In this Privacy Tracker legislative roundup, read about privacy concerns related to Brazil’s proposed Internet privacy law and one Turkey’s president recently signed into law, and get some insight on complying with South Africa’s new law. In the U.S., states are moving along bills to prevent revenge porn in Illinois and protect readers’ privacy in New Jersey and student privacy in Wyoming and Kansas, among others. Also, the Massachusetts Supreme Court has determined that police need to get a warrant in order to collect cellphone location data over a period of time.
Nigeria and Turkey are both considering government-proposed legislation that would require service providers to turn over to law enforcement customers’ data upon request—with fines, and possible jail time for executives, for noncompliance in Nigeria. In the U.S., senators are addressing breach response and online privacy concerns with bills of their own as the fallout continues from the Target and Neiman Marcus breaches as well as the Snowden revelations. And in Australia, the deadline for the Australian Privacy Principles looms large. The Privacy Tracker’s weekly legislative roundup covers all this and more.
In the U.S., eight states have been in the news for movement on drone legislation. While most are fairly similar, bills in California and Utah put restrictions on use and retention of the data, and one of the two drone bills in front of the Georgia House focuses on a 100-foot “protected zone.” In Montana, a suicide review board has been given authorization to begin looking into the healthcare records of suicide victims in an attempt to lower the incidents in the state, causing some privacy concerns. And Maine has opted for a study instead of furthering a social media privacy bill. Read about these developments and more in this week’s Privacy Tracker legislative roundup.
Looking at the federal and state bills being introduced in the U.S., this Privacy Tracker weekly roundup reports on lawmakers’ efforts to get privacy-protecting laws on the books; however, FTC Commissioner Maureen Ohlhausen has called for legislators to look to existing laws, saying “We simply do not need new talk, new laws or new regulations.” Also take a look at new compliance hurdles for organizations in Canada and Australia as new laws are set to roll out in those countries. Also, in the EU, the LIBE has published amendments it would like to see in the Network and Information Security Directive.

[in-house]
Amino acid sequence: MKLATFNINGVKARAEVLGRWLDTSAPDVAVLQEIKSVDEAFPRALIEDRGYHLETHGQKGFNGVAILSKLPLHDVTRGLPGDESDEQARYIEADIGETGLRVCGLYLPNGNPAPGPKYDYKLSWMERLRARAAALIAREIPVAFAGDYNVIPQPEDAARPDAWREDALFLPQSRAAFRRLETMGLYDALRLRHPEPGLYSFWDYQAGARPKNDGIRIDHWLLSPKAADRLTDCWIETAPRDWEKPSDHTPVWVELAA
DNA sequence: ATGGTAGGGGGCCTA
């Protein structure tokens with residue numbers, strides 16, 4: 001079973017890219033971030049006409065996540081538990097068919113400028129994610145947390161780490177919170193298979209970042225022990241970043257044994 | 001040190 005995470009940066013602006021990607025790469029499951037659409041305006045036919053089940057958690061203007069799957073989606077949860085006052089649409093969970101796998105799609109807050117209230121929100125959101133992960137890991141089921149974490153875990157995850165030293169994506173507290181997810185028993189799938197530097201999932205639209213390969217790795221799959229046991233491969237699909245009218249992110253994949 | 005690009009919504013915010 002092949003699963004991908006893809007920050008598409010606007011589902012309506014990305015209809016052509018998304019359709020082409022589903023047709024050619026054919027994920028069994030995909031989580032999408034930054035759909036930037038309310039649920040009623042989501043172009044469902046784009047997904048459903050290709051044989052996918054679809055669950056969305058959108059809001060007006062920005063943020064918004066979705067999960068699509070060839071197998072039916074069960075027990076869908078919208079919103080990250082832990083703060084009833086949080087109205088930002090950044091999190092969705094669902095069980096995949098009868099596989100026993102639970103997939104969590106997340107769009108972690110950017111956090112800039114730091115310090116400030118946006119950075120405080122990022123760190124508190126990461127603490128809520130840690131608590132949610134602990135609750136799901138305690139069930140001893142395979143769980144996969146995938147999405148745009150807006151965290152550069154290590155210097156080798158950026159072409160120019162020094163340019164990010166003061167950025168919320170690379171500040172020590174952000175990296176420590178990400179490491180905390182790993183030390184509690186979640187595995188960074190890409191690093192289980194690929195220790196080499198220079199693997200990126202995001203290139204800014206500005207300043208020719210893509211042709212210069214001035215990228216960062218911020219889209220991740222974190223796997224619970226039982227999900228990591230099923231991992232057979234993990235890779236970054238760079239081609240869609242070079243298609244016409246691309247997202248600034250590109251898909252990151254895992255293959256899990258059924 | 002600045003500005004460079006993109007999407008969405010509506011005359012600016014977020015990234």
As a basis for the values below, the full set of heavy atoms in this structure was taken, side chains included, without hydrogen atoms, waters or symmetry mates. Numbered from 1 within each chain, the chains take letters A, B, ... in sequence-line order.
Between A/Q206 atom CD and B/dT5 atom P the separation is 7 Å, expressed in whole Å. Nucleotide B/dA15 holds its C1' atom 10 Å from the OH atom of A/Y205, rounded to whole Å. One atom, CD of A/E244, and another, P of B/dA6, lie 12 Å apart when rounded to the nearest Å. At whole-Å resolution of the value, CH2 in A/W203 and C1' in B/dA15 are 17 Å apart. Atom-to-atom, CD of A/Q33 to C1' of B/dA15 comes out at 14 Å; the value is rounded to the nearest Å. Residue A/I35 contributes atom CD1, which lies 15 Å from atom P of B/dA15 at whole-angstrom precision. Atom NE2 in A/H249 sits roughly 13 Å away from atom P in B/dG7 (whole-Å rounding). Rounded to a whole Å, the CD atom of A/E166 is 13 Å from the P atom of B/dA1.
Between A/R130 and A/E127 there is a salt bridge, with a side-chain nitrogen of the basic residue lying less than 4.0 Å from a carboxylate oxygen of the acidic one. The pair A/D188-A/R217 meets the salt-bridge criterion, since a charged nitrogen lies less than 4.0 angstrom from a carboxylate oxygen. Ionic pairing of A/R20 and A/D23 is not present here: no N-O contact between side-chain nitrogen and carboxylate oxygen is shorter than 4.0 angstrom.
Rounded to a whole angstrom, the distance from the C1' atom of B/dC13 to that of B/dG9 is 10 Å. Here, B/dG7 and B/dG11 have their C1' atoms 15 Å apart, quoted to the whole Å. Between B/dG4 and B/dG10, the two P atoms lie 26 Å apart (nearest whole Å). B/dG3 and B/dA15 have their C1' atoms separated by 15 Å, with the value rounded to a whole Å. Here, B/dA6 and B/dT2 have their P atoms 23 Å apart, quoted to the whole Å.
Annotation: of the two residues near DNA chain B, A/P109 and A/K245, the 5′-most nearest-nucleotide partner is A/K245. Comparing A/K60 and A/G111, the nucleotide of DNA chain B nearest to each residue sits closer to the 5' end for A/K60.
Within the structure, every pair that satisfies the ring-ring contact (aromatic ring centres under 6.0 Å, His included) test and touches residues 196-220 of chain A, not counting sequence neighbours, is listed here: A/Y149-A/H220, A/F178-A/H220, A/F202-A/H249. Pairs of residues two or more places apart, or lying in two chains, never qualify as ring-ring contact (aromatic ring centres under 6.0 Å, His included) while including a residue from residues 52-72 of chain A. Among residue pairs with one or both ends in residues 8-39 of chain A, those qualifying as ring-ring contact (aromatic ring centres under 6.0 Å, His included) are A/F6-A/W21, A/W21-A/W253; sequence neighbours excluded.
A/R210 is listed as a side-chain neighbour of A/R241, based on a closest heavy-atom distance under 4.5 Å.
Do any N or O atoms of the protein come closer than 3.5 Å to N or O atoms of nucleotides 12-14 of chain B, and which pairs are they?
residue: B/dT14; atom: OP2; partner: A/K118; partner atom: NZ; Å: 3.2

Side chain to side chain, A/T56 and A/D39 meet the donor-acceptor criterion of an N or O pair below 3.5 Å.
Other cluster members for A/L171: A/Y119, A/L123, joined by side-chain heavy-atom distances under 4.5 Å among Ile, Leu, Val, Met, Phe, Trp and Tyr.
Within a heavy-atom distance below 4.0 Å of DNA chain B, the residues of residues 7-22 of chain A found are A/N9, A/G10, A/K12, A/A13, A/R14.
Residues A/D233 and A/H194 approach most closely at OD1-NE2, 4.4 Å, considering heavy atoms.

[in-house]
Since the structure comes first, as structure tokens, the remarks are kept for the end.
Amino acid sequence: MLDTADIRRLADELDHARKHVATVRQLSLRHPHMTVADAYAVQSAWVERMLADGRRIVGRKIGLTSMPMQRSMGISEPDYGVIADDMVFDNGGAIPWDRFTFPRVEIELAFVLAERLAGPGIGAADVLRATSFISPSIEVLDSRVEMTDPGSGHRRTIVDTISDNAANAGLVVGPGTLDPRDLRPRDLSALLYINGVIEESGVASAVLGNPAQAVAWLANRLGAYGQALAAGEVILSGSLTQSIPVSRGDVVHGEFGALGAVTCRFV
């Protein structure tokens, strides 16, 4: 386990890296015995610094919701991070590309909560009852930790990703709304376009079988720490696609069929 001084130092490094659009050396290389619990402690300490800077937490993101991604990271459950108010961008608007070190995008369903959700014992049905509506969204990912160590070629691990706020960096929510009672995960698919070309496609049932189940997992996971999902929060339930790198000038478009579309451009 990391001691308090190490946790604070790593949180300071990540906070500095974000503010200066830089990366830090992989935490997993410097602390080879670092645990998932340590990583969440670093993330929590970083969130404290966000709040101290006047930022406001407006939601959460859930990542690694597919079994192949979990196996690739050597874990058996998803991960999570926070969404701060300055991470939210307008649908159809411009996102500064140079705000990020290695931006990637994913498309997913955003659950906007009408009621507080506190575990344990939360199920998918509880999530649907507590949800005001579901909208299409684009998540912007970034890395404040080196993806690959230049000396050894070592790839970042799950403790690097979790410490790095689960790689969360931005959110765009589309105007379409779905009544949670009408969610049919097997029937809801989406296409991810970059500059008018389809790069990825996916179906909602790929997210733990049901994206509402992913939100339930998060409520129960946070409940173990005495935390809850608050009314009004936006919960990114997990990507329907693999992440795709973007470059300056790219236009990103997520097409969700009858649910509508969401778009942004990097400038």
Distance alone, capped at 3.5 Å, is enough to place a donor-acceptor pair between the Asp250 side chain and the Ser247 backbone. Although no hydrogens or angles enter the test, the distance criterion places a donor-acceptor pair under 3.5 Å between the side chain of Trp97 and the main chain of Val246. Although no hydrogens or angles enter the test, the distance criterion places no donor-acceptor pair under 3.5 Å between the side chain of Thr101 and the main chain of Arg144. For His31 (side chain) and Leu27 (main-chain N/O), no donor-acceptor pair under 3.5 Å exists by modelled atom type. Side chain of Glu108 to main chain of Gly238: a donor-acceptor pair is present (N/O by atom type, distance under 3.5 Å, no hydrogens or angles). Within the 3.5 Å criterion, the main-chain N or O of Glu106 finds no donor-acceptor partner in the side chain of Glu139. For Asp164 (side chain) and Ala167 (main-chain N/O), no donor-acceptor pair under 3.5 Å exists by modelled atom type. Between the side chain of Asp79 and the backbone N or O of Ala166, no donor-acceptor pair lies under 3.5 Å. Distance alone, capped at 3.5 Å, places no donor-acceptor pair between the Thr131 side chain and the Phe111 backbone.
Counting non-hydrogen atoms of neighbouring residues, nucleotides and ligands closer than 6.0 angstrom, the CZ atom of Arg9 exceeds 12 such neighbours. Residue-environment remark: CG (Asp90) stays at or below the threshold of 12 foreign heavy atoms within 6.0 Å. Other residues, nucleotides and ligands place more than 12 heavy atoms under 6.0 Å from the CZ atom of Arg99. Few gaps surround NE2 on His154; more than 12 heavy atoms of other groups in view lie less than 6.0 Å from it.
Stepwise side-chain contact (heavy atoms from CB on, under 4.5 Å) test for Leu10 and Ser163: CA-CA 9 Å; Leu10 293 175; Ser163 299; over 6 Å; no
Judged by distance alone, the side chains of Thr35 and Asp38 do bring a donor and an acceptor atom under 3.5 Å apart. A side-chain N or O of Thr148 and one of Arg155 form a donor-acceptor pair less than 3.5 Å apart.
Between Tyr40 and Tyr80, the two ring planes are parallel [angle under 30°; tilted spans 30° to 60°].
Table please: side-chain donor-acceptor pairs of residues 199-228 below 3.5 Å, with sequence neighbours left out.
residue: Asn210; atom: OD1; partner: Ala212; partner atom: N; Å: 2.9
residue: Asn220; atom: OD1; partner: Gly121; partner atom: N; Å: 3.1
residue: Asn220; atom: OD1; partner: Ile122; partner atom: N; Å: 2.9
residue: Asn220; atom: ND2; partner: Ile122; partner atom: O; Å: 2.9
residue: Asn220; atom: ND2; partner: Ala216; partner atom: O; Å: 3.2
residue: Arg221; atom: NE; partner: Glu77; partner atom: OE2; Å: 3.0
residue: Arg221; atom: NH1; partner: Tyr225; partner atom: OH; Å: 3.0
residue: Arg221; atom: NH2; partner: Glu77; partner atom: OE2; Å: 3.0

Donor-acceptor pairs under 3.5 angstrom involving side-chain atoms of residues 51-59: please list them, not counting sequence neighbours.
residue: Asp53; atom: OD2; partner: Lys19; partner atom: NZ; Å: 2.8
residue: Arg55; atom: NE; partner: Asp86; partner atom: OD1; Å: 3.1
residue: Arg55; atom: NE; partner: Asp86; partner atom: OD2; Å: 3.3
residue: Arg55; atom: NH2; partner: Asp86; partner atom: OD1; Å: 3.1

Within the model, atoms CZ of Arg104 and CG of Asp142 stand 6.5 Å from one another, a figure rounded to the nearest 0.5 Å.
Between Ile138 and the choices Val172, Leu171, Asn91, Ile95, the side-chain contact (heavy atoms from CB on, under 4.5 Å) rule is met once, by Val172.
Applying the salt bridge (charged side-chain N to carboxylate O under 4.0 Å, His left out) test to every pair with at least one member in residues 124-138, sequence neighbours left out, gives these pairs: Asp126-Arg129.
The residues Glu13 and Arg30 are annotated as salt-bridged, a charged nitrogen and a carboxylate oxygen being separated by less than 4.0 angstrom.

While much happened this week in privacy news; the NSA’s surveillance was deemed likely unconstitutional, consent was declared dead, the data broker industry was put on notice by a U.S. senator and the EDPS released its 2014 inventory, the news that hit home for us was that Peter Fleischer and two other Google executives were acquitted in Italy’s Supreme Court after an eight-year battle over whether they were legally responsible for content that users uploaded to Italy’s version of YouTube. Back in the day, the implications of this case were a little scary for privacy pros around the globe, and it seems now it’s finally over. Take a look at this and all the week’s developments in privacy law in this Privacy Tracker weekly roundup.
The Supreme Court of Canada, in a unanimous ruling, has determined that the Alberta privacy law is unconstitutional and has given the province one year to amend it; A federal judge in Vermont has ruled there can be no expectation of privacy when it comes to data exposed online via a peer-to-peer file-sharing network, and the New Zealand Parliament has voted down a bill that would have given the privacy commissioner increased powers. Meanwhile, the FTC has asserted its power over parental-consent methods, Brazil is calling for a crackdown on government surveillance and Italy’s data protection authority and intelligence department have entered into a cooperation protocol. This week’s Privacy Tracker roundup has these stories and more.
Last year, Fairfax County, Virginia, Public Schools discovered that the names, ID numbers, grades and other information for students in grades nine through 11 had been posted online. The school district was forced to go to federal court to get the website posting the information to remove it from the site. In the meantime, the private information of more than 2,000 students was available online...
The spate of state privacy laws—proposed and passed—continues in Louisiana, Massachusetts, New Jersey and Oregon. The Privacy Tracker reports on Louisiana’s new law to protect the identities of concealed-weapons permit holders, paralleling a number of other states in response to a map indicating the homes of gun owners published in NY last year. Massachusetts lawmakers are considering a bill that would protect student data in the cloud from third parties as it mulls participation in a Gates Foundation pilot program that aims to help schools simplify computer systems. And New Jersey and Oregon have seen movement on drone bills—with Oregon’s on its way to passage.